January 2021
Cochecho Elder Law Associates Elder Law Update. News and important information for seniors and their families.
Myths and Misconceptions About Coronovirus Vaccines

In This Issue

Myths and Misconceptions About Coronavirus Vaccines

 

How to Discourage Challenges to Wills and Trusts

 

A Personal Note From Tom

The development of several vaccines to help combat the spread of COVID-19 is welcome news. However, the remarkable speed with which these vaccines were developed has led to skepticism and misconceptions among some Americans. A recent article on AARP’s website discusses the myths, and the truth, behind coronavirus vaccines. Here are some of the highlights

You don't need to get vaccinated if you've already had COVID-19

There is still considerable debate about how long a person is protected from COVID-19 if he or she has already been infected. According to the Centers for Disease Control and Prevention, early evidence suggests natural immunity from COVID-19 may not last very long. The CDC adds that people may be advised to get a COVID-19 vaccine even if they have been sick with COVID-19 before.

 

Coronavirus vaccines will make you immune to COVID-19 for life

How long a coronavirus vaccine will provide immunity to COVID-19, and whether a vaccine will need to be administered more than once, are also unknown at this point. "We should think about this as maybe in the same zone as a tetanus shot, where you might need a booster every few years," said National Institutes of Health Director Francis Collins, M.D. "If we’re lucky, it would be like measles, where once you’re immune, you’re immune for life, but that would be really lucky," he added.

 

You won’t need to wear a mask after you get vaccinated

While a vaccine can help slow the spread of the coronavirus, other steps will be necessary to bring the pandemic to a close. These steps include wearing a mask, frequent handwashing, social distancing, and testing. Why? One reason is that it will probably take several months for the majority of Americans to get vaccinated. In addition, when a person gets vaccinated, protection against the coronavirus will not be instantaneous. According to experts, it generally takes a few weeks for the body to develop memory cells for the virus after vaccination.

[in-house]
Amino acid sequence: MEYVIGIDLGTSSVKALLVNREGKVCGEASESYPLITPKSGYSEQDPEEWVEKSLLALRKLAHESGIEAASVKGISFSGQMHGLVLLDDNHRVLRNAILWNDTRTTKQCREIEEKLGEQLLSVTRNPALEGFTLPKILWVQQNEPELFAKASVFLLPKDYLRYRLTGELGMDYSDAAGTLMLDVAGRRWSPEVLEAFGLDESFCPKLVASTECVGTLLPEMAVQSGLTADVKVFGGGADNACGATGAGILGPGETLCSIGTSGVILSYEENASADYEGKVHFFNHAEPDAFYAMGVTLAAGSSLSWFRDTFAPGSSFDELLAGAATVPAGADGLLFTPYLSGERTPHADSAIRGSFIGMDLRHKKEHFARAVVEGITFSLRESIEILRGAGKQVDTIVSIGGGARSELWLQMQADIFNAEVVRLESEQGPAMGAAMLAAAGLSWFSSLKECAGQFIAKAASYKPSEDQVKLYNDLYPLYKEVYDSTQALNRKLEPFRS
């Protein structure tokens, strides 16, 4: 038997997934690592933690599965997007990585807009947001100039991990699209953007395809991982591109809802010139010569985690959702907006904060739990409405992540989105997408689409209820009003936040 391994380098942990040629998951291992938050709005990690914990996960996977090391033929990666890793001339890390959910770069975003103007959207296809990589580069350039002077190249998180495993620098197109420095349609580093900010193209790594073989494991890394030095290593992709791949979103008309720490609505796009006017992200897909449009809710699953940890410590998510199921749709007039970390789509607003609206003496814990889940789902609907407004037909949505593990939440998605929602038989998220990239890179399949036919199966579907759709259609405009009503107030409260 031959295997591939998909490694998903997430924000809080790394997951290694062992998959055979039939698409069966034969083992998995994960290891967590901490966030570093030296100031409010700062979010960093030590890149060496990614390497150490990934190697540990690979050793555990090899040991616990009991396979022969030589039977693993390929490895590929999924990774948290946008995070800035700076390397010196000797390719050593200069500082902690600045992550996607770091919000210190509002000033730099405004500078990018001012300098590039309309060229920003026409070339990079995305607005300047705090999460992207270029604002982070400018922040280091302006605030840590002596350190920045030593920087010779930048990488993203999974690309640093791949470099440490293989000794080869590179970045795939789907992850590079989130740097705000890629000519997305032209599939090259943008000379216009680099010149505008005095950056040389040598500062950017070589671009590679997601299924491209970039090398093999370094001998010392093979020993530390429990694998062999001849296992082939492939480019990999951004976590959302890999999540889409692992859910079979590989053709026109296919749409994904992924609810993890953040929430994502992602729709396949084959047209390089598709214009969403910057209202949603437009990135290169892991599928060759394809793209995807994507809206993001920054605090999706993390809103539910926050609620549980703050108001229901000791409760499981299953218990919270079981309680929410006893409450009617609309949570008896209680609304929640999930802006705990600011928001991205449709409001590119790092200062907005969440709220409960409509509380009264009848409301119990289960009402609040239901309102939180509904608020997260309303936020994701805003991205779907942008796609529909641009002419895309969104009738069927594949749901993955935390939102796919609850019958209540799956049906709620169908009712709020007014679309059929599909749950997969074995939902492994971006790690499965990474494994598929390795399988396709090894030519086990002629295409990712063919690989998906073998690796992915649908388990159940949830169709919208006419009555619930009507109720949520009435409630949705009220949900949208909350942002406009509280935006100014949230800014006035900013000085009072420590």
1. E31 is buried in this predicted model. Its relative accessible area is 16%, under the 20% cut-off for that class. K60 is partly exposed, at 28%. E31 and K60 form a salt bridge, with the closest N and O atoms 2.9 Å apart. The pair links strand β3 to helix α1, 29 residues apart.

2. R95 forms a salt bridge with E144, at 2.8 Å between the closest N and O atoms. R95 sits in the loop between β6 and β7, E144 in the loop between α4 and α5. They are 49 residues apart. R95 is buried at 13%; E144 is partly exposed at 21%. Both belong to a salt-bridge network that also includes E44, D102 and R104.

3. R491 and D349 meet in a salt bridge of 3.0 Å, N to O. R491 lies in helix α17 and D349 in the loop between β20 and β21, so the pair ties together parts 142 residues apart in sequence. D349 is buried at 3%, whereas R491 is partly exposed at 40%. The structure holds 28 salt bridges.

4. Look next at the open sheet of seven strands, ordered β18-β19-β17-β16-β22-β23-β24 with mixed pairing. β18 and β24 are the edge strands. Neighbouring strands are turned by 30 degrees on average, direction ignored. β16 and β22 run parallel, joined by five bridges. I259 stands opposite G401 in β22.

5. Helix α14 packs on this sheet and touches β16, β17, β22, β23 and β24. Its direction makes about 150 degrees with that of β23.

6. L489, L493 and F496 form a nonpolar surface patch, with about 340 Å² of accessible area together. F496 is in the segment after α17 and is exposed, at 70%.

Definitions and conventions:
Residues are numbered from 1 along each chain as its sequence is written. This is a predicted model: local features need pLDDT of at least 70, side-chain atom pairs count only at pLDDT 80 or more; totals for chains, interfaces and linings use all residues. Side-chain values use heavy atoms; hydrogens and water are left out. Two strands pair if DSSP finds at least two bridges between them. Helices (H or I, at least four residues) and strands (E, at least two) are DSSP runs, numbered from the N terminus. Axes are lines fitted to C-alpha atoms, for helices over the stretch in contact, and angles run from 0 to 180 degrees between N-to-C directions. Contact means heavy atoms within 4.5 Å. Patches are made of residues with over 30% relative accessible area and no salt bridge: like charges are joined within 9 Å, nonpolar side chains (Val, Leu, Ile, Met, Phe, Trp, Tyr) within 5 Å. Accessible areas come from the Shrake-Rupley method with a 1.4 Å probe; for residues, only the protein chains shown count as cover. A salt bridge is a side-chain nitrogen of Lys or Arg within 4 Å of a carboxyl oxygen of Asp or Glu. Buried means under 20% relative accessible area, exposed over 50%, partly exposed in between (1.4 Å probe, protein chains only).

Current vaccines use a live version of the coronavirus

According to the CDC, none of the vaccines developed in the United States use the live virus that causes COVID-19. Rather, the leading vaccine candidates train the human body to recognize and fight the coronavirus by introducing a harmless piece of the virus to the body or by giving the body instructions to create its own coronavirus-like protein. The body is then able to recognize that these proteins should not be there and produces antibodies to fight them off. After that, the immune system establishes memory to protect against future infections.

 

Although coronavirus vaccines will not make you sick with COVID-19, they can cause side effects in some people. A small number of participants in the Pfizer/BioNTech and Moderna/NIH clinical trials reported temporary side effects, including injection site pain, fatigue, headaches, chills, and muscle aches. Also, some people who received the BioNTech vaccine have experienced allergic reactions. Of course, initial vaccine recipients will be closely monitored for long-term side effects.

 

Certain vaccines can alter your DNA

The Pfizer/BioNTech vaccine and the Moderna/NIH vaccine use a new type of medical technology involving messenger RNA. (The Pfizer/BioNTech vaccine was the first to receive emergency use authorization and be distributed in the United States.) A widely circulated story on social media makes the claim that messenger RNA (mRNA) vaccines can alter human DNA. According to the CDC, however, this is not true.

 

You don’t actually need both doses of the two-dose vaccines

Several vaccines require two doses, which are given a few weeks apart. Medical experts are not yet certain that one dose of these vaccines will be effective enough to prevent COVID-19 (or a severe case of the illness), so skipping the second shot is not a good idea.